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Conflict of interest and signal interference lead to the breakdown of honest signalling

Popat, Roman; Pollitt, Eric J.G.; Harrison, Freya; Naghra, Hardeep; Hong, Kar Wei; Chan, Kok Gan; Griffin, Ashleigh; Williams, Paul; Brown, Sam P.; West, Stuart A.; Diggle, Stephen P.

Authors

Roman Popat

Eric J.G. Pollitt

Freya Harrison

Hardeep Naghra

Kar Wei Hong

Kok Gan Chan

Ashleigh Griffin

PAUL WILLIAMS paul.williams@nottingham.ac.uk
Professor of Molecular Microbiology

Sam P. Brown

Stuart A. West

Stephen P. Diggle steve.diggle@nottingham.ac.uk



Abstract

Animals use signals to coordinate a wide range of behaviours, from feeding offspring to predator avoidance. This poses an evolutionary problem, because individuals could potentially signal dishonestly to coerce others into behaving in ways that benefit the signaller. Theory suggests that honest signalling is favoured when individuals share a common interest and signals carry reliable information. Here, we exploit the opportunities offered by bacterial signalling, to test these predictions with an experimental evolution approach. We show that: (1) a reduced relatedness leads to the relative breakdown of signalling; (2) signalling breaks down by the invasion of mutants that show both reduced signalling and reduced response to signal; (3) the genetic route to signalling breakdown is variable; (4) the addition of artificial signal, to interfere with signal information, also leads to reduced signalling. Our results provide clear support for signalling theory, but we did not find evidence for the previously predicted coercion at intermediate relatedness, suggesting that mechanistic details can alter the qualitative nature of specific predictions. Furthermore, populations evolved under low relatedness caused less mortality to insect hosts, showing how signal evolution in bacterial pathogens can drive the evolution of virulence in the opposite direction to that often predicted by theory.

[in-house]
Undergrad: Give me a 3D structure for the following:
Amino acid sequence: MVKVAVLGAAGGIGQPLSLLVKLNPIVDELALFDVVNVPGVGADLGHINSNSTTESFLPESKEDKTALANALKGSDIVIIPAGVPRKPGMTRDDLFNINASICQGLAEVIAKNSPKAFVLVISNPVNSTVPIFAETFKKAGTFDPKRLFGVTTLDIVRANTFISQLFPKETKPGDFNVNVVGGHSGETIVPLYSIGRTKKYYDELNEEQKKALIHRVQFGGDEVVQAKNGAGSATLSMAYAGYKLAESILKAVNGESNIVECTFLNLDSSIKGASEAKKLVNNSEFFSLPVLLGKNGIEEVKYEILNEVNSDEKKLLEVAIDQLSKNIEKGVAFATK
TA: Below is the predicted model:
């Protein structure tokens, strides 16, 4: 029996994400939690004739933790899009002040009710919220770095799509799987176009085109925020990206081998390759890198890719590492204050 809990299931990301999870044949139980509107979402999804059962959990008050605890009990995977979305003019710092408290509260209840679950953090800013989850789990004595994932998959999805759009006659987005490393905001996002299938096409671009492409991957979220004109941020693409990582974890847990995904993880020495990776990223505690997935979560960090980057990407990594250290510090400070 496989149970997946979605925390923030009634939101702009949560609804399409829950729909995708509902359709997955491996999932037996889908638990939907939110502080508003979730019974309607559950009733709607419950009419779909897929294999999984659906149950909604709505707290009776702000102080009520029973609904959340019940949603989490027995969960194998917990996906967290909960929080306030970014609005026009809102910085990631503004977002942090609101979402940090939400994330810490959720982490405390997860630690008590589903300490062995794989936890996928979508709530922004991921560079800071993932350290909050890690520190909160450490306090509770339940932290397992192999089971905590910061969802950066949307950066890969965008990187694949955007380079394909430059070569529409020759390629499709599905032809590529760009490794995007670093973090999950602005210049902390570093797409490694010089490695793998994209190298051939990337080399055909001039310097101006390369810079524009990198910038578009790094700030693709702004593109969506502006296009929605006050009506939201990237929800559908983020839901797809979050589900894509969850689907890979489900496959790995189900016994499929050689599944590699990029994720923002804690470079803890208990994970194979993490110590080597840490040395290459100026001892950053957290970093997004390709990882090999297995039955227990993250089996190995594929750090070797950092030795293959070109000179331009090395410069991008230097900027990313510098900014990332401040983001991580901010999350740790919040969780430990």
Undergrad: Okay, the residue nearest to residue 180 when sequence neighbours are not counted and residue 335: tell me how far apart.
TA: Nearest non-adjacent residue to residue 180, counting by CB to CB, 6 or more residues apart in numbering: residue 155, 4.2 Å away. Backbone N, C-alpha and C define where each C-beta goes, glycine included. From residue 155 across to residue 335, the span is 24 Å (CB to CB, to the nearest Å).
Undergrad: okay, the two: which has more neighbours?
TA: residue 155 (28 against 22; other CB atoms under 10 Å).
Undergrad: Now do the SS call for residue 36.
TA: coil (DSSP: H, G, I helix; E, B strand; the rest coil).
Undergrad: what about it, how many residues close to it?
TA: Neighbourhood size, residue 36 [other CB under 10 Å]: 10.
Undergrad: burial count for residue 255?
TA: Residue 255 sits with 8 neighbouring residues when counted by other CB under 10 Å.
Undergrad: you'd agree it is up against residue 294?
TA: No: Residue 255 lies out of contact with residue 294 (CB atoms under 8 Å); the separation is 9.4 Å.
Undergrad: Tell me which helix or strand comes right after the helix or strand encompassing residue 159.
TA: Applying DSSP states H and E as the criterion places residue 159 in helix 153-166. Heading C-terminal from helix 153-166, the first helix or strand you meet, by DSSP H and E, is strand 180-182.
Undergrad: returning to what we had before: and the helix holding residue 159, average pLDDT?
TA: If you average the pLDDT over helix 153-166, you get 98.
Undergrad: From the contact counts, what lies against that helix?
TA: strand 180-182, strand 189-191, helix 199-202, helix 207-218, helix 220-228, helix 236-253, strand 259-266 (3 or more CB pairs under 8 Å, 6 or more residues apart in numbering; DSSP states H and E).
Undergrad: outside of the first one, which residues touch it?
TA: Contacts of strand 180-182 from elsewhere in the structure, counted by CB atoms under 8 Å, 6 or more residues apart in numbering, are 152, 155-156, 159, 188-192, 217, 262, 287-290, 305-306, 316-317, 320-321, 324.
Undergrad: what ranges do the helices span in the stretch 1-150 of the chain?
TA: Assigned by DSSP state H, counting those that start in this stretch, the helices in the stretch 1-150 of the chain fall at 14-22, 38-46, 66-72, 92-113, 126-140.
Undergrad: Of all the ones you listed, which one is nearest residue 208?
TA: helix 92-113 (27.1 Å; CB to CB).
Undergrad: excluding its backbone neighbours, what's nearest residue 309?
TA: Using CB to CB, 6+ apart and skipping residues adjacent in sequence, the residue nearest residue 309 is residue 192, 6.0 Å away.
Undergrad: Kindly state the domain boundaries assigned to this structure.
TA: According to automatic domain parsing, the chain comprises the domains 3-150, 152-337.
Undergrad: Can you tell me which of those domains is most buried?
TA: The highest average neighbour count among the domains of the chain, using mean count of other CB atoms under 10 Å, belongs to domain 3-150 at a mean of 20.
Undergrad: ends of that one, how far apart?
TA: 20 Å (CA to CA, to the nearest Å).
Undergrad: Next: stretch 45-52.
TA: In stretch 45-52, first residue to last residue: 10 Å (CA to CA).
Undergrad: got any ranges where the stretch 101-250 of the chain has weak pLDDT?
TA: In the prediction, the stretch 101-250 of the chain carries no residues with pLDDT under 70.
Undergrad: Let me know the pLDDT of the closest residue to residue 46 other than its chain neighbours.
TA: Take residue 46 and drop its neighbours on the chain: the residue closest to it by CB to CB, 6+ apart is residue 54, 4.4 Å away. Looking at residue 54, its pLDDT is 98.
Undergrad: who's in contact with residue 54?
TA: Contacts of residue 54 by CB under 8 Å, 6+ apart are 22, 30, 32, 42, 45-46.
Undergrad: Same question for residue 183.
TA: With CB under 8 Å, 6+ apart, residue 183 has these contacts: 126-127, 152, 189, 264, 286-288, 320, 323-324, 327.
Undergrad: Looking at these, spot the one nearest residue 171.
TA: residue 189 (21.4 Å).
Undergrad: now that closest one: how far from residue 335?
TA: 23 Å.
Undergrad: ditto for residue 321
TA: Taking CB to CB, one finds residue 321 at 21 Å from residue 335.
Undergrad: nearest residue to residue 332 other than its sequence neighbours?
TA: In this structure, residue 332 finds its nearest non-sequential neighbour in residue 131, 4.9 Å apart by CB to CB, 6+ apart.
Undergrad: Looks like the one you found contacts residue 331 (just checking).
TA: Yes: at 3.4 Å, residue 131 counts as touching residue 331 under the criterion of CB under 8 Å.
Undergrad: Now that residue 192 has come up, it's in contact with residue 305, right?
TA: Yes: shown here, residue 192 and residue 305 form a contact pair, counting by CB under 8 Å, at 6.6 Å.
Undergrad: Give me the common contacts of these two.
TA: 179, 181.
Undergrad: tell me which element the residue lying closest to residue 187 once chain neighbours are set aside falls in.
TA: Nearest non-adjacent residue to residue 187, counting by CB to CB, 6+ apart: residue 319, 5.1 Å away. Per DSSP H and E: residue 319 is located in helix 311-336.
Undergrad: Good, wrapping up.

Journal Article Type Article
Publication Date Sep 8, 2015
Journal Evolution
Print ISSN 0014-3820
Electronic ISSN 1558-5646
Publisher Wiley
Peer Reviewed Peer Reviewed
Volume 69
Issue 9
APA6 Citation Popat, R., Pollitt, E. J., Harrison, F., Naghra, H., Hong, K. W., Chan, K. G., …Diggle, S. P. (2015). Conflict of interest and signal interference lead to the breakdown of honest signalling. Evolution, 69(9), doi:10.1111/evo.12751
DOI https://doi.org/10.1111/evo.12751
Publisher URL http://onlinelibrary.wiley.com/doi/10.1111/evo.12751/abstract
Copyright Statement Copyright information regarding this work can be found at the following address: http://creativecommons.org/licenses/by-nd/4.0
Additional Information This is the peer reviewed version of the following article: Popat, R., Pollitt, E. J. G., Harrison, F., Naghra, H., Hong, K.-W., Chan, K.-G., Griffin, A. S., Williams, P., Brown, S. P., West, S. A. and Diggle, S. P. (2015) Conflict of interest and signal interference lead to the breakdown of honest signalling. Evolution 69(9) 2371-2383, which has been published in final form at http://dx.doi.org/10.1111/evo.12751. This article may be used for non-commercial purposes in accordance with Wiley Terms and Conditions for Self-Archiving.

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Copyright Statement
Copyright information regarding this work can be found at the following address: http://creativecommons.org/licenses/by-nd/4.0





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